Jordan perhaps still is best known for his distinctive two-handed tapping technique, which lets him play lead and accompanying parts simultaneously on a standard six-string guitar. While he sometimes still does solo shows, his usual working group these days is a trio, often including drummer Kenwood Dennard and bassist Charnett Moffett; that's the format he'll be playing in for his Bistro gig.
Jordan has been to St. Louis at least a couple of times in the not-too-distant past, appearing at venues including the now-defunct Mississippi Nights and Finale Music and Dining, but this coming week will be his debut at the Jazz at the Bistro. Also of note is the fact that he's developed another unusual instrumental technique in recent years, sitting at the piano and playing it with one hand while also wearing a guitar and tapping it with the other hand.
Opinions may differ about the musical usefulness of this particular ability - to these ears, it's not so much that he's really doing anything that startling or different on either instrument, it's just that he's doing two! things!! at!!! once!!!! - but at the very least it's certainly an impressive and difficult-to-duplicate feat of coordination.
You can form your own opinions on that, though, because today, we've got ample audio-visual evidence for your consideration, in the form of two complete concert sets by Jordan totaling nearly two-and-a-half hours of playing time.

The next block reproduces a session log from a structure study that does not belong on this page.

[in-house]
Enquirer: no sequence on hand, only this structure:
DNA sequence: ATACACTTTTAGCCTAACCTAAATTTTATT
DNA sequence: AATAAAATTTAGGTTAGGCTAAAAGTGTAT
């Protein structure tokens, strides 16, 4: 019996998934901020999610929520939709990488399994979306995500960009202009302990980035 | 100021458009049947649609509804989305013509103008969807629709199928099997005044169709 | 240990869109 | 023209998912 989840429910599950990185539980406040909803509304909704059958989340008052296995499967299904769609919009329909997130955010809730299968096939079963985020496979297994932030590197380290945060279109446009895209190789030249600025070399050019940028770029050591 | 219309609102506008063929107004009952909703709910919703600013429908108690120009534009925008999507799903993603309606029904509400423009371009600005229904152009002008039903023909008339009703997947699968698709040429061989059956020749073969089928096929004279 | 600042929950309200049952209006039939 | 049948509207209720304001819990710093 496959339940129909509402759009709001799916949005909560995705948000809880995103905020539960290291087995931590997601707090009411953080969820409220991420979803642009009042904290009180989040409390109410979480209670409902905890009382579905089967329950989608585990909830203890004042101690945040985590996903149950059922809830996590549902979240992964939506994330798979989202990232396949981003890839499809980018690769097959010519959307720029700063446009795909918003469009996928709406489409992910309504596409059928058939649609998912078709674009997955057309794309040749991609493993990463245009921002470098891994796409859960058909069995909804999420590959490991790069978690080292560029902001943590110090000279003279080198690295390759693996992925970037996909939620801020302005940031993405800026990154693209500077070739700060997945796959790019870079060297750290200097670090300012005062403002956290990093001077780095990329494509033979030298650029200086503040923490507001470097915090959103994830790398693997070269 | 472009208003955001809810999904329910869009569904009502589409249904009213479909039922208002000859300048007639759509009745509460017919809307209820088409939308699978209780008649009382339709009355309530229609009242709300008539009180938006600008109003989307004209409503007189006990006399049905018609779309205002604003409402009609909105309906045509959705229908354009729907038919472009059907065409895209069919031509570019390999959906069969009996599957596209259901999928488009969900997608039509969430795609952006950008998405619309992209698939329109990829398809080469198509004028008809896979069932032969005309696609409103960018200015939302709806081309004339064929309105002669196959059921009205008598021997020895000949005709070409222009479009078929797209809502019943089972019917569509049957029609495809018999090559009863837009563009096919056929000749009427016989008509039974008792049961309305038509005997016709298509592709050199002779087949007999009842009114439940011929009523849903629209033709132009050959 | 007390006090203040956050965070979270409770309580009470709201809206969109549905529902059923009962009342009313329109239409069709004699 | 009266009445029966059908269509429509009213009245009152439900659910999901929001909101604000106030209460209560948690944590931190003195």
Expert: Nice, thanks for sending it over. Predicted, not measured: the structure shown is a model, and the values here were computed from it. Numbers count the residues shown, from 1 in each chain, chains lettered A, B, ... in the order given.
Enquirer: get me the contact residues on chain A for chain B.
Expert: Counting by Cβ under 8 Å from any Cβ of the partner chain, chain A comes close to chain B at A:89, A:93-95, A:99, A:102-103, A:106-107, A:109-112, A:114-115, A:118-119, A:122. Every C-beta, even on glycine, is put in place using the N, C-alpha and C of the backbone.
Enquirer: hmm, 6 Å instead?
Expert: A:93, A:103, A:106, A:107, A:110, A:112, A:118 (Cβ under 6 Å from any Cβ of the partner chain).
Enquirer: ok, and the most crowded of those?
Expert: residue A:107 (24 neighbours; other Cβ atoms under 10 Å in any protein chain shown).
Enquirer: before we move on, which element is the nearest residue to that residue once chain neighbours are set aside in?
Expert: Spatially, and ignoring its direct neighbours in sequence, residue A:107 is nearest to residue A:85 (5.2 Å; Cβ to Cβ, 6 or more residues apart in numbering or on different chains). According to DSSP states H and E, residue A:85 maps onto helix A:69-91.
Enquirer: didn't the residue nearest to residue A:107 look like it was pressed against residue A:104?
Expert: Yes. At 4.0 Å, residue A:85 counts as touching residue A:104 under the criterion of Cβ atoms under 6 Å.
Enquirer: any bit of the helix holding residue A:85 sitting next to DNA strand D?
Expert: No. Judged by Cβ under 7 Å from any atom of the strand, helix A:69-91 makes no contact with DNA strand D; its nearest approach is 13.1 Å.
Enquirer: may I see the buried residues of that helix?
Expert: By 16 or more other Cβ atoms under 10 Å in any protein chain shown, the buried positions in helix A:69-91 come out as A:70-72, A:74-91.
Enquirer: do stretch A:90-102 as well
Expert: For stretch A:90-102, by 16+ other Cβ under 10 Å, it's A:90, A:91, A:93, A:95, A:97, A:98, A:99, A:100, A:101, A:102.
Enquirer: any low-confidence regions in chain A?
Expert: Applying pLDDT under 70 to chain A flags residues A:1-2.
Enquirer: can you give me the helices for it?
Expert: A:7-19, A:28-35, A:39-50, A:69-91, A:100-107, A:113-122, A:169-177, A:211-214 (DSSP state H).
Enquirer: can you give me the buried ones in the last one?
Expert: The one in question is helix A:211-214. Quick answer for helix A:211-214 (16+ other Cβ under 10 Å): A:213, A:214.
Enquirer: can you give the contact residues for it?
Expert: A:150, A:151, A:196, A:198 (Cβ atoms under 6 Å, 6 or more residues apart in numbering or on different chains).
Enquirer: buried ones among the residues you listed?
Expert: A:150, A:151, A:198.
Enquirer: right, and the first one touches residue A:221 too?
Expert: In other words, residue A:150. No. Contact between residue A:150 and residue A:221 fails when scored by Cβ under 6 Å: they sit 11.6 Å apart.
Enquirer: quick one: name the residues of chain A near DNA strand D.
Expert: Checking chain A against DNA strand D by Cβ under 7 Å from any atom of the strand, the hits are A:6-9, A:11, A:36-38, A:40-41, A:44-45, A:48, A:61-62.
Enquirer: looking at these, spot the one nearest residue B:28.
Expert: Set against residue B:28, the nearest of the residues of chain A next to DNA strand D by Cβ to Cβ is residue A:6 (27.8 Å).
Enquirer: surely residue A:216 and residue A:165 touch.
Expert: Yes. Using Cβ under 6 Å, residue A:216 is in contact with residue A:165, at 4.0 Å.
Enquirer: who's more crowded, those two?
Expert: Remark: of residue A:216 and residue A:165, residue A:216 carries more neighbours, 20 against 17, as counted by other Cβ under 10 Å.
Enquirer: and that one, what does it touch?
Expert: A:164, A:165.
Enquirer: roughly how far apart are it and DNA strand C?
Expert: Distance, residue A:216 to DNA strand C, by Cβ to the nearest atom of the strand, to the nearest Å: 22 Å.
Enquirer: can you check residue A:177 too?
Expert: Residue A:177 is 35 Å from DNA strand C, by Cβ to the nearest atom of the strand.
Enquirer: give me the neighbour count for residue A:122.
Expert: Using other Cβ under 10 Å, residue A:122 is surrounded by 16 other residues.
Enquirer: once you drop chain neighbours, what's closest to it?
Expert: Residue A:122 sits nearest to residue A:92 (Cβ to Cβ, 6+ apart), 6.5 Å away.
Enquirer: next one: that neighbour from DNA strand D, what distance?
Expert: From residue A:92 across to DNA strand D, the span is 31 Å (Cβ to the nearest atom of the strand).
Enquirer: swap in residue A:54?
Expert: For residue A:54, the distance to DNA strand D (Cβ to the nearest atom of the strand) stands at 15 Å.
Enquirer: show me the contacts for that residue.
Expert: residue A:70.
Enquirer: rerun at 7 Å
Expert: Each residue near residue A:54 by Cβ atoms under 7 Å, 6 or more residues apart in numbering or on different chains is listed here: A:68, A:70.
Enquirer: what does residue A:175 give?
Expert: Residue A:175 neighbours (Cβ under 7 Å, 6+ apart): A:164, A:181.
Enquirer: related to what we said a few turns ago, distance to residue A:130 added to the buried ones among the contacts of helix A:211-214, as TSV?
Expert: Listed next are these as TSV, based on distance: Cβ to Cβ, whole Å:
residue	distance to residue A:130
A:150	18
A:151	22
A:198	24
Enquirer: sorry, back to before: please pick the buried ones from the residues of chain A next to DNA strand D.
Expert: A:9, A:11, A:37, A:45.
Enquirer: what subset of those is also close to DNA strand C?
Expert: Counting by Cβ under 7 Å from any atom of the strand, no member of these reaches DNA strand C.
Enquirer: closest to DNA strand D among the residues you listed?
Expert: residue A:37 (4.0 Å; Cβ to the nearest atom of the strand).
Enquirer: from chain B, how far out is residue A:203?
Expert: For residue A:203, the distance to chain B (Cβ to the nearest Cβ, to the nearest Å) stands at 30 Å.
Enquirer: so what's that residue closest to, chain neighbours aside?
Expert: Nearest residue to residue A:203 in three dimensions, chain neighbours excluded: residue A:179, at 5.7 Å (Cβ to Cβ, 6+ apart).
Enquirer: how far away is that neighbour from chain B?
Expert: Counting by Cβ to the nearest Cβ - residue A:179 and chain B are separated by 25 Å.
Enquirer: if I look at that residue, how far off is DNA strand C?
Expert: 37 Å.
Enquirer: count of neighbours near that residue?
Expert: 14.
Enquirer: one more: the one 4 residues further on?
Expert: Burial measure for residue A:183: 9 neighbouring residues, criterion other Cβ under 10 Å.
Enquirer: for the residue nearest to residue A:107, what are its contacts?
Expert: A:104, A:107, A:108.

Up above is a video of a 2007 performance in Paris, with an hour and forty-five minutes worth of music from Jordan, Moffett and drummer David Haynes. Jordan does a some solo stuff, there's some fairly straight-ahead trio playing, and he also does the simultaneous guitar/piano bit, so overall it seems like a fairly representative sampling of the group's sonic palette.
For still more Jordan, check out the the second embedded video down below, which features him playing a 40-minute solo guitar set, recorded in 2010 at the Jarasum Jazz Festival in Korea. This performance features lots of his signature two-hand-tapping technique, and though the camera work is a little shaky, the view of Jordan's hands is pretty good most of the time, as is the audio quality.